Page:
StoryOly bills itself as Olympia’s premier storytelling event. On the third Tuesday evening of each month since November 2015, amateur storytellers have braved the stage to regale full houses at Rhythm & Rye with meaningful anecdotes from their own lives. Tales range from movingly confessional to outrageously frank. Each month has a theme, so July’s audience heard vignettes from “The Dark Side.” To ease audience members into the proceedings and help anxious speakers over their stage fright, each month’s open-mic session is preceded by an “icebreaker” story as delivered by an experienced teller. That way, says StoryOly co-founder, “None of our slam contestants have to go first.”
Past speakers include Shephard herself, Tush! Burlesque co-founder Mileen Anika, filmmaker Jeff Barehand, Alec Clayton and Ned Hayes of OLY ARTS, comedian Sam Miller, the multitalented Lauren O’Neill, Ted Ryle of Olympia Family Theater and StoryOly co-founder and regular host, actor and raconteur Elizabeth Lord. Generally, the icebreaker is also one of three judges who get to decide which amateur teller moves on to StoryOly’s annual “grand slam” championship event.
Lord and Shephard are currently seeking new icebreaker speakers for future StoryOly installments. “The speech has to be anywhere from eight to 15 minutes,” Shephard explains. Storytellers can be competitors in the same yearlong season, but not at the same slam for which they’re icebreaking. Themes for the rest of calendar year 2017 are “Witness” on August 15, “Bitter” October 17, “Reunion” November 21 and “Confused” December 19, with the grand slam held mid-September.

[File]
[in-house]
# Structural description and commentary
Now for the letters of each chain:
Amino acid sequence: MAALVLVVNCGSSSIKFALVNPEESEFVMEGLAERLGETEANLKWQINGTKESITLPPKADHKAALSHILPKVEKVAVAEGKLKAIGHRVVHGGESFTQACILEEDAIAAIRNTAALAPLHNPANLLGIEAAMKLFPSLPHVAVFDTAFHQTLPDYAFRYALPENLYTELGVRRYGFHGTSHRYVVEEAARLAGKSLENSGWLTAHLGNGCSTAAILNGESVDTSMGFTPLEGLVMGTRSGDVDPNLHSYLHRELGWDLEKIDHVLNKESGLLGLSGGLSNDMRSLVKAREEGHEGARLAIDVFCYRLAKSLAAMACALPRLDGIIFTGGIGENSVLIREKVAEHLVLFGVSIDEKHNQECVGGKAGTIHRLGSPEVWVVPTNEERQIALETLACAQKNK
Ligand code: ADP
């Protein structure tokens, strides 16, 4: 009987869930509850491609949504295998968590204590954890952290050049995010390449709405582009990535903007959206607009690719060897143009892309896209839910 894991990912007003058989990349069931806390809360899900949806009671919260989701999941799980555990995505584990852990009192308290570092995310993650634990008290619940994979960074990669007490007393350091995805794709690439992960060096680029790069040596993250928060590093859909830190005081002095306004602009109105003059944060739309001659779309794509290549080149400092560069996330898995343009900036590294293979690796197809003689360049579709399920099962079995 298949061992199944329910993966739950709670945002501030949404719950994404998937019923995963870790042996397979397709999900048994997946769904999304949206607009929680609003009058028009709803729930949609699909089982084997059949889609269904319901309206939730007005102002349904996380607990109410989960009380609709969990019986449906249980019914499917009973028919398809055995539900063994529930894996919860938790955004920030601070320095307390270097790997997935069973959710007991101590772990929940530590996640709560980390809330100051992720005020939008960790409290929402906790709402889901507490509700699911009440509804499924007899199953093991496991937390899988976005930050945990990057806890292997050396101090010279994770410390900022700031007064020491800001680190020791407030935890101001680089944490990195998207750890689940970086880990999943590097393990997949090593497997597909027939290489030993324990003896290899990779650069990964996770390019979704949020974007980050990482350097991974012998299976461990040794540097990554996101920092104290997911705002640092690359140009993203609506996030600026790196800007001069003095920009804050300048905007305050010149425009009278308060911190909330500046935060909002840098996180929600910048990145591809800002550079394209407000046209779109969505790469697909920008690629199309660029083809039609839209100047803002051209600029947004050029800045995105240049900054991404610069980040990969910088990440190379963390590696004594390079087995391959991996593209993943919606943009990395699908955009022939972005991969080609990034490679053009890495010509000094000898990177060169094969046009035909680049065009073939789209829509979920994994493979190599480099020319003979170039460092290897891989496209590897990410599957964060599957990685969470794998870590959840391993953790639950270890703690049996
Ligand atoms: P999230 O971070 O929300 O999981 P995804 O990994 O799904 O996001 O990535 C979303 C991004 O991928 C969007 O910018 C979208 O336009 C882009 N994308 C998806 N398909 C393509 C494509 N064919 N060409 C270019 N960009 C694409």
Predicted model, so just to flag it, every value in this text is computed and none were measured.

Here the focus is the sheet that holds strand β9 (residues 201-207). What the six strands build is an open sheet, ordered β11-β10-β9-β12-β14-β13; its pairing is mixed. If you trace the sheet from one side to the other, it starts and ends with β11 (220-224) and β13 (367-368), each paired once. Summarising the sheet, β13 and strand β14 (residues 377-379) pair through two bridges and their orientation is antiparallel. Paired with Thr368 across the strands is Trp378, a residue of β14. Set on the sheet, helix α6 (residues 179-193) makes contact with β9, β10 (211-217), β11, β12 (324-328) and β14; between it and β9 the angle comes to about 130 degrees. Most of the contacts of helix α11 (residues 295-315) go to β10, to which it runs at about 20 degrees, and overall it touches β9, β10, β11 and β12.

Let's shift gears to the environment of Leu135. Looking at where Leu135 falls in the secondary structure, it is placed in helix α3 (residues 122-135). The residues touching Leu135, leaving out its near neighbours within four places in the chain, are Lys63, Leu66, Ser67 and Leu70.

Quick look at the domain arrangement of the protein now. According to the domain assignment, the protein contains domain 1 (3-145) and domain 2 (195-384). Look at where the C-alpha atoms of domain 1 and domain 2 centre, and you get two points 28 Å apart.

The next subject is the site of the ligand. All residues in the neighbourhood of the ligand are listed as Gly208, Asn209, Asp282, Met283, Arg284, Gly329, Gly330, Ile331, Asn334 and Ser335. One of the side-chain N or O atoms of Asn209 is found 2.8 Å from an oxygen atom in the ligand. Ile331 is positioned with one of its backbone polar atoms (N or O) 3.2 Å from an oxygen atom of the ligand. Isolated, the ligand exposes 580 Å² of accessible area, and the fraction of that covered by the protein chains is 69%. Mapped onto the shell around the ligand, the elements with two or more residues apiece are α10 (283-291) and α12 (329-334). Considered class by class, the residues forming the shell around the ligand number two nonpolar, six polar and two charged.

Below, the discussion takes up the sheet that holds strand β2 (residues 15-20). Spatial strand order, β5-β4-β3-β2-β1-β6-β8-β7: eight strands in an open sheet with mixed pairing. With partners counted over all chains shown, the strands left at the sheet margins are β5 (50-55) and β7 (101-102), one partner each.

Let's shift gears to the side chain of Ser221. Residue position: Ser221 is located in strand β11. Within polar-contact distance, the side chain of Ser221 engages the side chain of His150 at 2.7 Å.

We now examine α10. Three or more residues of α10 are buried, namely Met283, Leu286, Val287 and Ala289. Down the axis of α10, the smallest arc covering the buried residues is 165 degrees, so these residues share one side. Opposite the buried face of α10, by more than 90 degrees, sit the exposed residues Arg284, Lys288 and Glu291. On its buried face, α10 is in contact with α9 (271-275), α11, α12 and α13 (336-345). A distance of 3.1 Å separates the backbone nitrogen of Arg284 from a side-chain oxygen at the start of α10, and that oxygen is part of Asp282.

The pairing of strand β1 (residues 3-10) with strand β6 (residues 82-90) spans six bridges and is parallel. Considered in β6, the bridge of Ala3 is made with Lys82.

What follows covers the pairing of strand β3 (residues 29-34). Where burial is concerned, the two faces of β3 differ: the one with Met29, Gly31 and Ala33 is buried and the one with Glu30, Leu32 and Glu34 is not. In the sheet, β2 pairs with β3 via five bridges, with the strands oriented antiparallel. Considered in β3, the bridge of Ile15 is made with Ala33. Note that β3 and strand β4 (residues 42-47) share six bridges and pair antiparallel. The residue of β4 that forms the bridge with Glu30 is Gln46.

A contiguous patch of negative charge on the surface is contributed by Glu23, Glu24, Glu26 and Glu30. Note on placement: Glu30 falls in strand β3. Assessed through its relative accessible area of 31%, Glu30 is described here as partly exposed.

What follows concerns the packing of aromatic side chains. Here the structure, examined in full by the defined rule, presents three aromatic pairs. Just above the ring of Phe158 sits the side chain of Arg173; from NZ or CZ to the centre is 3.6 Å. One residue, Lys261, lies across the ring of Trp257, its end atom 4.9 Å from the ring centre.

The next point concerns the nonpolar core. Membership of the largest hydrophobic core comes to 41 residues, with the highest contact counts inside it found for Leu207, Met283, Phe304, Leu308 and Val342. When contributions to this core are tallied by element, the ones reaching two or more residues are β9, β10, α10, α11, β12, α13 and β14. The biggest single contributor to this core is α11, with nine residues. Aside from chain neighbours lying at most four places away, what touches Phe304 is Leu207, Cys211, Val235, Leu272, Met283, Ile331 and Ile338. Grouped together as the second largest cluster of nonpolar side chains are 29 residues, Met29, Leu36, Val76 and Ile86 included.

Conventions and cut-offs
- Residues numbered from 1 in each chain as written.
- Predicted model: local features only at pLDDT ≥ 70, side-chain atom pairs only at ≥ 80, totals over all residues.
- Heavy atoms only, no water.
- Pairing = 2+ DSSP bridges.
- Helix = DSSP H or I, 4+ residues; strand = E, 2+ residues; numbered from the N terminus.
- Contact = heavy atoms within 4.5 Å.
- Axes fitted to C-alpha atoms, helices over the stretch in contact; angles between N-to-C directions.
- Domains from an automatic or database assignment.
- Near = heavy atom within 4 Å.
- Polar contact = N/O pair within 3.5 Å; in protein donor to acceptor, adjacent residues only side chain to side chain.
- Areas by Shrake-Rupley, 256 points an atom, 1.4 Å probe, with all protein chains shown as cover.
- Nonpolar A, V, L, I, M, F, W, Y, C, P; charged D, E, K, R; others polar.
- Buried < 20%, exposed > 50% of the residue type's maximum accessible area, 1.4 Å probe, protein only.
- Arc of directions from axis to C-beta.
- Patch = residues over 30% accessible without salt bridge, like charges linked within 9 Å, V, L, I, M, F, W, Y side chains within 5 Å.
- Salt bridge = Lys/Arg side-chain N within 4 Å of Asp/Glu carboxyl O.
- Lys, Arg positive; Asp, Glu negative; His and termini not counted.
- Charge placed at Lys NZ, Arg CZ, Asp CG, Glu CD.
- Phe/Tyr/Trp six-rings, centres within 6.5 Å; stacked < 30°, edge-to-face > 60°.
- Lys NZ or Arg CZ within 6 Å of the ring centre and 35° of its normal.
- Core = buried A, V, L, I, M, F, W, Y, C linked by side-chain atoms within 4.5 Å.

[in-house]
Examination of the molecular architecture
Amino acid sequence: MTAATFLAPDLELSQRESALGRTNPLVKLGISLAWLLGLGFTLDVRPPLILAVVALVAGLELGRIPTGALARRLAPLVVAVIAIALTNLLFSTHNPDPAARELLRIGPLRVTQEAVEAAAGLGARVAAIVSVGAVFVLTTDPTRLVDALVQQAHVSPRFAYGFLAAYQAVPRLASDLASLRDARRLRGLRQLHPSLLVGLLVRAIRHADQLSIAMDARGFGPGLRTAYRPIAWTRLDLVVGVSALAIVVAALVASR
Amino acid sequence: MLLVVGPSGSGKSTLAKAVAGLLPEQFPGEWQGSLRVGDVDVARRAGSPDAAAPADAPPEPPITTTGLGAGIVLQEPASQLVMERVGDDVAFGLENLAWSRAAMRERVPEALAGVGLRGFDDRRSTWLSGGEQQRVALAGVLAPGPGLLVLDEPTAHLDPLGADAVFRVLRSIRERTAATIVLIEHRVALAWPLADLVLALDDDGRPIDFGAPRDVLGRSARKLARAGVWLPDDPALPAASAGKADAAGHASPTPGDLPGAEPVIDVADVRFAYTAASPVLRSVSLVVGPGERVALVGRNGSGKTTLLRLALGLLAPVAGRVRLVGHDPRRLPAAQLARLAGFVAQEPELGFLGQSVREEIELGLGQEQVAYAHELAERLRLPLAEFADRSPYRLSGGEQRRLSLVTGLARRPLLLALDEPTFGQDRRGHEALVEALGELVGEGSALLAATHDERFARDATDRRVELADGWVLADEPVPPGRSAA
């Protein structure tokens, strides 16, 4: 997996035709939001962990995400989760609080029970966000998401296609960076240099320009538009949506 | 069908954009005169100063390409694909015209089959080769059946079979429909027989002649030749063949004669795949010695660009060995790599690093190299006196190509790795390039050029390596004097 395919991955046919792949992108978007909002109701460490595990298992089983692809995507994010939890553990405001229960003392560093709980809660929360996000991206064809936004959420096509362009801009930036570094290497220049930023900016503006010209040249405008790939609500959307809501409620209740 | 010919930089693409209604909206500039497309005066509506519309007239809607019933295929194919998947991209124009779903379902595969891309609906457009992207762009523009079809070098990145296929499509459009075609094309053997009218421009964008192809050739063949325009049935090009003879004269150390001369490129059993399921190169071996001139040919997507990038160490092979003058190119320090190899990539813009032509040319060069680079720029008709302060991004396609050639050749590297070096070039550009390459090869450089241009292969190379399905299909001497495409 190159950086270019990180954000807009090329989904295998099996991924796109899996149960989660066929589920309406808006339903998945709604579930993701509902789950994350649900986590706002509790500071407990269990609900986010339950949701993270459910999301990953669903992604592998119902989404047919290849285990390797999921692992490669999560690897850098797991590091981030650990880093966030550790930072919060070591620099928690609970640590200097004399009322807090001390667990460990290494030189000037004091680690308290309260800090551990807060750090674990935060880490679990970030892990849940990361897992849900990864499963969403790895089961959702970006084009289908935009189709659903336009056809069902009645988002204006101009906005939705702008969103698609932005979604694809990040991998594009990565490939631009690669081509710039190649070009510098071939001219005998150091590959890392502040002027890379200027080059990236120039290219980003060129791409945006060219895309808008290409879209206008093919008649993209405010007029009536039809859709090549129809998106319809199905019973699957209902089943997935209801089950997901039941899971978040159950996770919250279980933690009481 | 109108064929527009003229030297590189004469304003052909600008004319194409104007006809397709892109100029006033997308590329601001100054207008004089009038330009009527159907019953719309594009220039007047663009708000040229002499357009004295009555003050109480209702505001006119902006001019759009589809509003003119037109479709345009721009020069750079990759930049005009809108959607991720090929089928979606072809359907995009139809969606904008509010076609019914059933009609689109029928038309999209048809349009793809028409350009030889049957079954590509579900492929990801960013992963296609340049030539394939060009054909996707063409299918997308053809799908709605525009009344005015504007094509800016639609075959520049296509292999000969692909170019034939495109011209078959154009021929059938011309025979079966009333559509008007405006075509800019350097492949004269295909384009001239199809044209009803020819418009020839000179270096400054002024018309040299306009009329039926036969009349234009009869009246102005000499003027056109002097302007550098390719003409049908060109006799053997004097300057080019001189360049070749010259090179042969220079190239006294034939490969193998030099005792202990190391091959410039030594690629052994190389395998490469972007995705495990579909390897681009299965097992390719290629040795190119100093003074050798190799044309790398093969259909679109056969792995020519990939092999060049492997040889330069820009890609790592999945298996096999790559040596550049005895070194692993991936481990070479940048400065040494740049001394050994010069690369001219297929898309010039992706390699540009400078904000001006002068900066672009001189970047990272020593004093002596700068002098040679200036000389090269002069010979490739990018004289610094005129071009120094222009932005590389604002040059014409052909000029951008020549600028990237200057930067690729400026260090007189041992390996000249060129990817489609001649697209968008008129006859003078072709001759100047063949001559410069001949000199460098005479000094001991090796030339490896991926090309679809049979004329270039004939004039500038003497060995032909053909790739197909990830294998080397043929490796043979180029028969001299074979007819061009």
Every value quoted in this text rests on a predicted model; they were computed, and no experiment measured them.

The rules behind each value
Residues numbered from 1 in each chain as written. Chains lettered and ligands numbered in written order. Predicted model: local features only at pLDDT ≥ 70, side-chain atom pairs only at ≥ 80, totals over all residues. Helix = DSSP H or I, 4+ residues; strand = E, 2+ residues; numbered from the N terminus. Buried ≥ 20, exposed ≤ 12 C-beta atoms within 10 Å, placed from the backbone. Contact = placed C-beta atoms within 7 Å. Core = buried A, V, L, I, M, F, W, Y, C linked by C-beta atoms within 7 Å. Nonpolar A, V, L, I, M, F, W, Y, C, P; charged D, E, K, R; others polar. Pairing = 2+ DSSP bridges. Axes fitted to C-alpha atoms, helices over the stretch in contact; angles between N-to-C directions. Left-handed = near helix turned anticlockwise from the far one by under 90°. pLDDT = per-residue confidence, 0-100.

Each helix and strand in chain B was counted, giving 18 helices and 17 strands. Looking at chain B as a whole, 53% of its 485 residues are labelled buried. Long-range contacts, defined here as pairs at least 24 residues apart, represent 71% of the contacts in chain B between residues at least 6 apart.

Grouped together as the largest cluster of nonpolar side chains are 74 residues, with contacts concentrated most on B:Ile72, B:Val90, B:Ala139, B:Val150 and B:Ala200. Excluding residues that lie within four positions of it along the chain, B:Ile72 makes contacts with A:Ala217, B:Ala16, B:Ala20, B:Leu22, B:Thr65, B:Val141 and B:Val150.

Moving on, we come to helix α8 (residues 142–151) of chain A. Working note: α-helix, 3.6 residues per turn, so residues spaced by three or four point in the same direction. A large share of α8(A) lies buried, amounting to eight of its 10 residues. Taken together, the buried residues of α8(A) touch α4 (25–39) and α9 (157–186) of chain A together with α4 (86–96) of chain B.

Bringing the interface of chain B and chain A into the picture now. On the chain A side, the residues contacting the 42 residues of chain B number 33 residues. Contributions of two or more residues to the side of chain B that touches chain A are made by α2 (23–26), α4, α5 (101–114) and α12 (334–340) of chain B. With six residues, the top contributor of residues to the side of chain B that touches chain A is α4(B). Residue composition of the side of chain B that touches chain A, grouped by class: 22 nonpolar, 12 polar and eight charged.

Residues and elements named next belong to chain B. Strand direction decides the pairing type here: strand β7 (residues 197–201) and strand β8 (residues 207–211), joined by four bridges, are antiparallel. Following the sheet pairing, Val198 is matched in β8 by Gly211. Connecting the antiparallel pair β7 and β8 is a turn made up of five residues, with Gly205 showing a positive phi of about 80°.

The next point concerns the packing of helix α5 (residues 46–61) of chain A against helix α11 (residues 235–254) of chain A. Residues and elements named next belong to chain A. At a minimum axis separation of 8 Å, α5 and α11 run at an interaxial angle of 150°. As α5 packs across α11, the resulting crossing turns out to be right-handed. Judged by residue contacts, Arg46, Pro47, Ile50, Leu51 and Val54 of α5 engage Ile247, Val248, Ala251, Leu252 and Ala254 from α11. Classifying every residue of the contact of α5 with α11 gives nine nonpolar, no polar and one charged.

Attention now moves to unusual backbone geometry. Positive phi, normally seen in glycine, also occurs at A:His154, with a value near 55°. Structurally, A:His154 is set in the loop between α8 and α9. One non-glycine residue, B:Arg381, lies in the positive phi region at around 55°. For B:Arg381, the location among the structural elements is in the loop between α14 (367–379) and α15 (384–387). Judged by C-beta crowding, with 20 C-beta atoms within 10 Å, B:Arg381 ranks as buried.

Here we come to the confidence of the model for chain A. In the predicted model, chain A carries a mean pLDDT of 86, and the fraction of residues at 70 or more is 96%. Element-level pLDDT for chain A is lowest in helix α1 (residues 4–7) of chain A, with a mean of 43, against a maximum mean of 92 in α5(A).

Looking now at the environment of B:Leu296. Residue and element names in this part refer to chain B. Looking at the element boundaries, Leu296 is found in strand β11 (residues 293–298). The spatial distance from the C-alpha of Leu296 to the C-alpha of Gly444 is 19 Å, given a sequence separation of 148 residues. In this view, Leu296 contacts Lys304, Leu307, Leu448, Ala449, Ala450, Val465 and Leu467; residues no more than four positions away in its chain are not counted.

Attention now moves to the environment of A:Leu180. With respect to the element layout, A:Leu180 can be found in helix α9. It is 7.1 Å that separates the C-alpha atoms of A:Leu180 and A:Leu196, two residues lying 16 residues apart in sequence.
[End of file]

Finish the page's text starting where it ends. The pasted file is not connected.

We asked Shephard what types of narratives fare best at StoryOly. “Stories that are planned out,” she replied. “You can’t just get up there and wing it. You need to make sure your story has a beginning, middle and end and that it’s within the theme. Storytelling is a total art form.” So what can’t tellers do? “We prefer not to have notes up there,” she said. “Really, the best stories are the ones where the icebreakers or any storytellers are just themselves. They tell the story truly and accurately and are relaxed and comfortable. … The only thing that’s really verboten is hate speech (or) political rants and raves … Telling a story is a moment to engage. It’s not a moment to put out propaganda (or) get revenge on your ex. It’s a moment of connection. If you say anything other than that, I think you’re doing it wrong.”
Said Shephard, “StoryOly’s doing great. The audiences have been good, the feedback has been good (and) people love it. It seems like it’s a beloved part of our community every month.” To be a featured part of that community, email Shephard at email@example.com. For story-slam rules or advice on how to construct and tell a story, visit the event website at StoryOly.com.
Where: Rhythm & Rye,
311 Capitol Way N, Olympia
When: 6 p.m. every third Tuesday
How much: $5-$10 suggested donation
Learn more: 360-918-4500 | StoryOly